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Contentious co-op: Moose Lake, Willow River have lengthy relationship, but disagreements are festering

Moose Lake-Willow River football coach Dave Louzek does some "up and downs" on a hot afternoon with the team during practice at the old Moose Lake School on Wednesday. (Bob King / / 4
Moose Lake-Willow River football coach Dave Louzek joins the team in running drills during practice at Moose Lake on Wednesday afternoon. (Bob King / 2 / 4
Moose Lake-Willow River football coach Dave Louzek participates in a drill with the team at the old school in Moose Lake on Wednesday. (Bob King / / 4
Moose Lake-Willow River coach Dave Louzek looks for an opening to pass during a drill with the football team at Moose Lake on Wednesday afternoon. (Bob King / / 4

Ever since the high schools in Moose Lake and Willow River joined athletic forces in 1984, the relationship has ebbed and flowed. Tranquility has given way to tension, and vice versa.

Disagreements are inevitable, but one thing both sides can agree on is this: The cooperative is immersed in a rough patch.

"We do get along and we've gotten along for 30-some years, but we're having a reality check here," Moose Lake superintendent Bob Indihar said recently.

While not new, the issues have festered.

Moose Lake school board member Jamie Jungers has questioned the disparity in participation between the two schools. He contends Moose Lake supplies 75 percent of the athletes. Based strictly on enrollment, the configuration should be closer to 60-40. Jungers argues that in sports beset by even wider gaps, students in his district are penalized by competing in a higher Minnesota State High School League classification because both schools' enrollments are taken into account.

Moose Lake's 2017-18 enrollment, as determined by the MSHSL for classification purposes, is 174; Willow River's is 109.

Other issues include differing financial obligations and Moose Lake's inquiry last winter into hosting all sports; the long-existing arrangement stipulates each school hosts certain sports.

Jungers doesn't mince words.

"I have never disguised the fact that I would prefer to see the co-op come to an end," he said in a statement to the News Tribune.

However, Jungers says he merely is doing his job as an elected official — promoting transparency.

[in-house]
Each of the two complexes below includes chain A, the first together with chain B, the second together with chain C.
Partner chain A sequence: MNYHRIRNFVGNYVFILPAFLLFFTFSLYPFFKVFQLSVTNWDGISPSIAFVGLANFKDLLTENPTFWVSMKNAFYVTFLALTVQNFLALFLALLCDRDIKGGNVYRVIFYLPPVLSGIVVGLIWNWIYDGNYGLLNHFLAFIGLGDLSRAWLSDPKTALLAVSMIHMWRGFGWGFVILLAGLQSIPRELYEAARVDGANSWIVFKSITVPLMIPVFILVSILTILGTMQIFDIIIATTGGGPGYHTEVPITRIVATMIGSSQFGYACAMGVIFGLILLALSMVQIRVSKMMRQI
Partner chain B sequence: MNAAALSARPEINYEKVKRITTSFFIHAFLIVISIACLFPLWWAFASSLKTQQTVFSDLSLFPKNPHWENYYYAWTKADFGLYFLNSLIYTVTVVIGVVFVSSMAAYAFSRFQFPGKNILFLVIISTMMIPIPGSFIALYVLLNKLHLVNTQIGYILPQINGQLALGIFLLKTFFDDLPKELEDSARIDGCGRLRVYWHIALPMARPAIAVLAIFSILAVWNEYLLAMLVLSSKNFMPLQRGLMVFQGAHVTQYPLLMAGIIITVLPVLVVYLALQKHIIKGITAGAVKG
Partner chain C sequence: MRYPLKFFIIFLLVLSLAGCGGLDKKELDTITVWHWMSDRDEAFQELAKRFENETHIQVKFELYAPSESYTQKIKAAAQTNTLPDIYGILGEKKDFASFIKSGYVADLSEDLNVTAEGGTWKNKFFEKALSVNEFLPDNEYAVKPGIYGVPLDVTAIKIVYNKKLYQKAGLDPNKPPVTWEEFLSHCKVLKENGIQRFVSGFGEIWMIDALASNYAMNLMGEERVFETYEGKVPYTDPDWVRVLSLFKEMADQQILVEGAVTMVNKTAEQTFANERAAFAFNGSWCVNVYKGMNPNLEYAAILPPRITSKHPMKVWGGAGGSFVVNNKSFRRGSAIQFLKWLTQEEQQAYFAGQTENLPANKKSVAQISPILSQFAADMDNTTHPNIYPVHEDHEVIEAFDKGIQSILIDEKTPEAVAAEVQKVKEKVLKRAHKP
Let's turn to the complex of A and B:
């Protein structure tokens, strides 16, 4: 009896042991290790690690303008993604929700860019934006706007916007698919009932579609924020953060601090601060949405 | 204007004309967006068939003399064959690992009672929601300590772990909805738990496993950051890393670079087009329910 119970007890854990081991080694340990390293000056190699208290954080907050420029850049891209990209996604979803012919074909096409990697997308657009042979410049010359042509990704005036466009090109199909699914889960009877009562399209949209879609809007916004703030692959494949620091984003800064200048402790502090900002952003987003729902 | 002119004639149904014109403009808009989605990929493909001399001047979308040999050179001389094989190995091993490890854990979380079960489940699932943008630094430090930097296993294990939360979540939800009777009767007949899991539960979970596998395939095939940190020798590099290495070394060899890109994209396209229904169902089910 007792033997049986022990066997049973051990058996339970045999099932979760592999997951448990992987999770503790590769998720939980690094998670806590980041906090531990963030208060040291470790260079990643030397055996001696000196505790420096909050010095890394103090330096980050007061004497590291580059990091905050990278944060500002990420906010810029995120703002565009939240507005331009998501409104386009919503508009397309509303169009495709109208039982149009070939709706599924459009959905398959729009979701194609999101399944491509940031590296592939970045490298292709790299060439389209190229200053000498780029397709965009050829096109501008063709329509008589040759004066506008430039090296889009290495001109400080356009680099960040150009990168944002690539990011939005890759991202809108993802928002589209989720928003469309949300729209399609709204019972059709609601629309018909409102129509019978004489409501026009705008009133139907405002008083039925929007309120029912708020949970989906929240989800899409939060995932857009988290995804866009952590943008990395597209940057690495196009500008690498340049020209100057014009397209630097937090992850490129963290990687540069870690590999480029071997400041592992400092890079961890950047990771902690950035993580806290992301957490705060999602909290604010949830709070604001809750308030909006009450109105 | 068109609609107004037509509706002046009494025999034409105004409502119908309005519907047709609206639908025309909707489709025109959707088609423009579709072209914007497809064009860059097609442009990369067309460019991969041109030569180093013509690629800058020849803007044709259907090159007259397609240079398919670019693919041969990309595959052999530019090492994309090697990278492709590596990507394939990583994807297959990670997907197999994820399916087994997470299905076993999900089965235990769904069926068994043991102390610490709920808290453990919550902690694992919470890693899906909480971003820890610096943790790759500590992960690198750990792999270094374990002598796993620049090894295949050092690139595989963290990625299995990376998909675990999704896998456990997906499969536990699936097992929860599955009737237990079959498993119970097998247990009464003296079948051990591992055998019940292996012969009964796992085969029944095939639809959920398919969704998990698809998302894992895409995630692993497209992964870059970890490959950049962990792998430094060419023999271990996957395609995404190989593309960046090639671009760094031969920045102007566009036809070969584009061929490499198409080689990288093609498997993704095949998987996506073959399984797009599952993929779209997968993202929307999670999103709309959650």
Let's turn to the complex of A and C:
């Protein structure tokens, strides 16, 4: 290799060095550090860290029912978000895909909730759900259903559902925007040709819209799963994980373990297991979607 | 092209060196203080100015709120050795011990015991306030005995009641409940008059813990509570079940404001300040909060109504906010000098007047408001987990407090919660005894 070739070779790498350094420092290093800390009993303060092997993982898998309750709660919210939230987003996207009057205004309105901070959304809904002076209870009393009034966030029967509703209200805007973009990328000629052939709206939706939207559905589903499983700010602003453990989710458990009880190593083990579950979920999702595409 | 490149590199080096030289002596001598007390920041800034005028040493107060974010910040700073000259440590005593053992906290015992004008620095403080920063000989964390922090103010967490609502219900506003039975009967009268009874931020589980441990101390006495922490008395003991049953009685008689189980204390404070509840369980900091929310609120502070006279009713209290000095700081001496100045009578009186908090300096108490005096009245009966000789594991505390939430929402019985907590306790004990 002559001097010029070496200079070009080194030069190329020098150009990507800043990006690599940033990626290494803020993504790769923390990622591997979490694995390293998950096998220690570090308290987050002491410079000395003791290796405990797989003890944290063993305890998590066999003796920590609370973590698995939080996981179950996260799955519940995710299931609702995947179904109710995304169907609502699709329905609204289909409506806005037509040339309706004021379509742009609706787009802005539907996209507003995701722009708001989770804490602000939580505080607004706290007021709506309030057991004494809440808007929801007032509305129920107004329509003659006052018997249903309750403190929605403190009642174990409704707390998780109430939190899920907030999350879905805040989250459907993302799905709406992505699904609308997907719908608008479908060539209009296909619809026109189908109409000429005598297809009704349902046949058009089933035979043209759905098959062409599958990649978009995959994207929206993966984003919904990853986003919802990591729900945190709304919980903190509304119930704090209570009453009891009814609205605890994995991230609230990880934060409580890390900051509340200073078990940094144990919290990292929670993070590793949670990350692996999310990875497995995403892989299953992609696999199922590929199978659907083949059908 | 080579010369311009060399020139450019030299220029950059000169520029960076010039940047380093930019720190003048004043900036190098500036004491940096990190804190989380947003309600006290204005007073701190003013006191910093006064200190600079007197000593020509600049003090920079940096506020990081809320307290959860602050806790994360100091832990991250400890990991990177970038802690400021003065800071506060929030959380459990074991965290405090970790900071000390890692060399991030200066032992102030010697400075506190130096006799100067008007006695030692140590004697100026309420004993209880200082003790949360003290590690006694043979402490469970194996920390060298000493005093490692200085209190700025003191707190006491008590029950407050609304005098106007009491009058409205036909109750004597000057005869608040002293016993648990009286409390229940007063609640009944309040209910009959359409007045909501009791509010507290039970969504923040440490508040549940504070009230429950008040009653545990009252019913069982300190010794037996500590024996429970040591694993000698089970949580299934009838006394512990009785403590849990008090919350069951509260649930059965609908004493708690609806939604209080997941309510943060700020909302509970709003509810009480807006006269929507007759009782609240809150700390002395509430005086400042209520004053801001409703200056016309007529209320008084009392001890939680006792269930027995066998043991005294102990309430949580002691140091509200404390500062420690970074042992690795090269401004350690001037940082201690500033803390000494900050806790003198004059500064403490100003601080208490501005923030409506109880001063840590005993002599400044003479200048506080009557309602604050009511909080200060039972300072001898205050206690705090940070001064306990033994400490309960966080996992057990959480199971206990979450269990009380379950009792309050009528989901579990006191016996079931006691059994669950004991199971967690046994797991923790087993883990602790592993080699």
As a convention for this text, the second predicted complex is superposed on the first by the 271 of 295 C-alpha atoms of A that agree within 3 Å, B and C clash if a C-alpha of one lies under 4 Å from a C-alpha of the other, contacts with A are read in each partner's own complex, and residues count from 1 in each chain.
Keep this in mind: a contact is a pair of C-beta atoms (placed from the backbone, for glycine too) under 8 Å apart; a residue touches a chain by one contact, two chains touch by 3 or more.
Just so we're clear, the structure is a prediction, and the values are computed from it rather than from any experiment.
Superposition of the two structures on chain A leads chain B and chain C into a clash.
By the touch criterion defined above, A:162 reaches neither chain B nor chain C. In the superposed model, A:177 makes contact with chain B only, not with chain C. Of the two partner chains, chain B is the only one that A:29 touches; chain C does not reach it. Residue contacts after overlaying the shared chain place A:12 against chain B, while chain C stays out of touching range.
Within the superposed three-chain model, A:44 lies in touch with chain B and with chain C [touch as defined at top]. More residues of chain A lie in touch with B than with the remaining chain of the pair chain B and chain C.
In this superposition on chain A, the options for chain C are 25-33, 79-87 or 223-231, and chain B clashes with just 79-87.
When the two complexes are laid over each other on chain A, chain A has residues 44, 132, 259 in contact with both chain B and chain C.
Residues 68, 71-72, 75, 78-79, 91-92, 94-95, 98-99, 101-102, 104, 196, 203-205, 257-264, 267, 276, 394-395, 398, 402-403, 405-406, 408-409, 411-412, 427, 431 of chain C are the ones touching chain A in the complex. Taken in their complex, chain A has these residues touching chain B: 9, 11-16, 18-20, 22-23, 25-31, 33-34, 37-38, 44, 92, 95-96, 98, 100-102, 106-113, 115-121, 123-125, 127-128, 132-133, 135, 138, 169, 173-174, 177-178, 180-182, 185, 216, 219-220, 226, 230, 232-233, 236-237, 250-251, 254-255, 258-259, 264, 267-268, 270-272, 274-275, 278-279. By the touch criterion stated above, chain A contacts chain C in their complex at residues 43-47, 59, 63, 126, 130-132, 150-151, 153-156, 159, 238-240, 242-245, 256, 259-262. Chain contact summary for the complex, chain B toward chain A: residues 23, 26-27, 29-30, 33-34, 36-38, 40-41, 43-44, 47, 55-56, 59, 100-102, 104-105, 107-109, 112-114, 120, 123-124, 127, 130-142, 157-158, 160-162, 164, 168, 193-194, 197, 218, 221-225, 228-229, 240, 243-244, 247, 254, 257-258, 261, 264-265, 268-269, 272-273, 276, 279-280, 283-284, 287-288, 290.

"As a director of the Moose Lake school board, it is my responsibility to ask questions and obtain accurate information regarding all aspects of school activities," Jungers said.

He and fellow board member Kris Lyons have been outspoken on the topic.

Last year, Willow River pressed Moose Lake for an unwavering commitment to the co-op. Indihar says the answer was "yes," but not indefinitely.

"They wanted a time; they wanted 10 years or something like that," he said. "And my board did not commit to the number of years."

Moose Lake-Willow River football coach Dave Louzek, who's also the athletic director at Willow River, disputes that claim.

"There was actually no commitment from the Moose Lake school board at all," said Louzek, who has compiled a 170-39 record while leading the Rebels to 11 state tournaments since taking over in 1999. "That was really disappointing. They basically said, 'We'll take it year by year.' "

Competition and class

The breakdown for athletic participation in 2016-17, via data provided by Indihar, shows 69 percent of the athletes are from Moose Lake. Here are the numbers by sport, for grades 7-12:

• Softball: 13 Moose Lake, 17 Willow River

• Baseball: 30, 14

• Track and field: 60, 16

• Golf: 14, 2

• Boys basketball: 40, 17

• Girls basketball: 21, 15

• Cross country: 31, 3

• Volleyball: 43, 13

• Football: 58, 44

• Totals: 310, 141

Going back further, the distribution was 73-27 percent in 2015-16; 75-25 in 2014-15; 80-20 in 2013-14; and 79-21 in 2012-13.

Looking at each sport individually, and where Moose Lake — by itself — would be classified, reveals the following impact.

Softball would move from Class AA to Class A, but fielding a team could be problematic. Baseball, golf, basketball and football similarly would drop down. The co-op already competes in Class A in track and field, cross country and volleyball.

It stands to reason that success is easier to attain in smaller classifications, though that's hardly an across-the-board truth. Consider Carlton volleyball, Mountain Iron-Buhl girls basketball and Ely baseball, to name a few.

"It is disheartening to see our athletes work so hard and believe they could have had success playing at a different class level," Jungers said. "With having to count the entire (Willow River) High School population and their average contribution of 25 percent or less, it simply feels unfair — to me — for some of the competing athletes."

That argument doesn't jibe with MSHSL philosophy, Louzek said. Foundationally, the league stresses education-based athletics in which the overriding focus is participation, not competitiveness.

"For two school board members to be worried about section championships and state competition as priority No. 1, and then not even paying attention to state high school league emphasis, is really frustrating," Louzek said.

New facilities, will host

Perhaps looking ahead to its opening of a $34.7 million community school this fall, Moose Lake athletic liaison representatives last December inquired into hosting all sports. Willow River scoffed.

"We responded that we are supportive of the Rebel co-op," Bruce Bohaty of the Willow River school board said. "We want to be a good partner.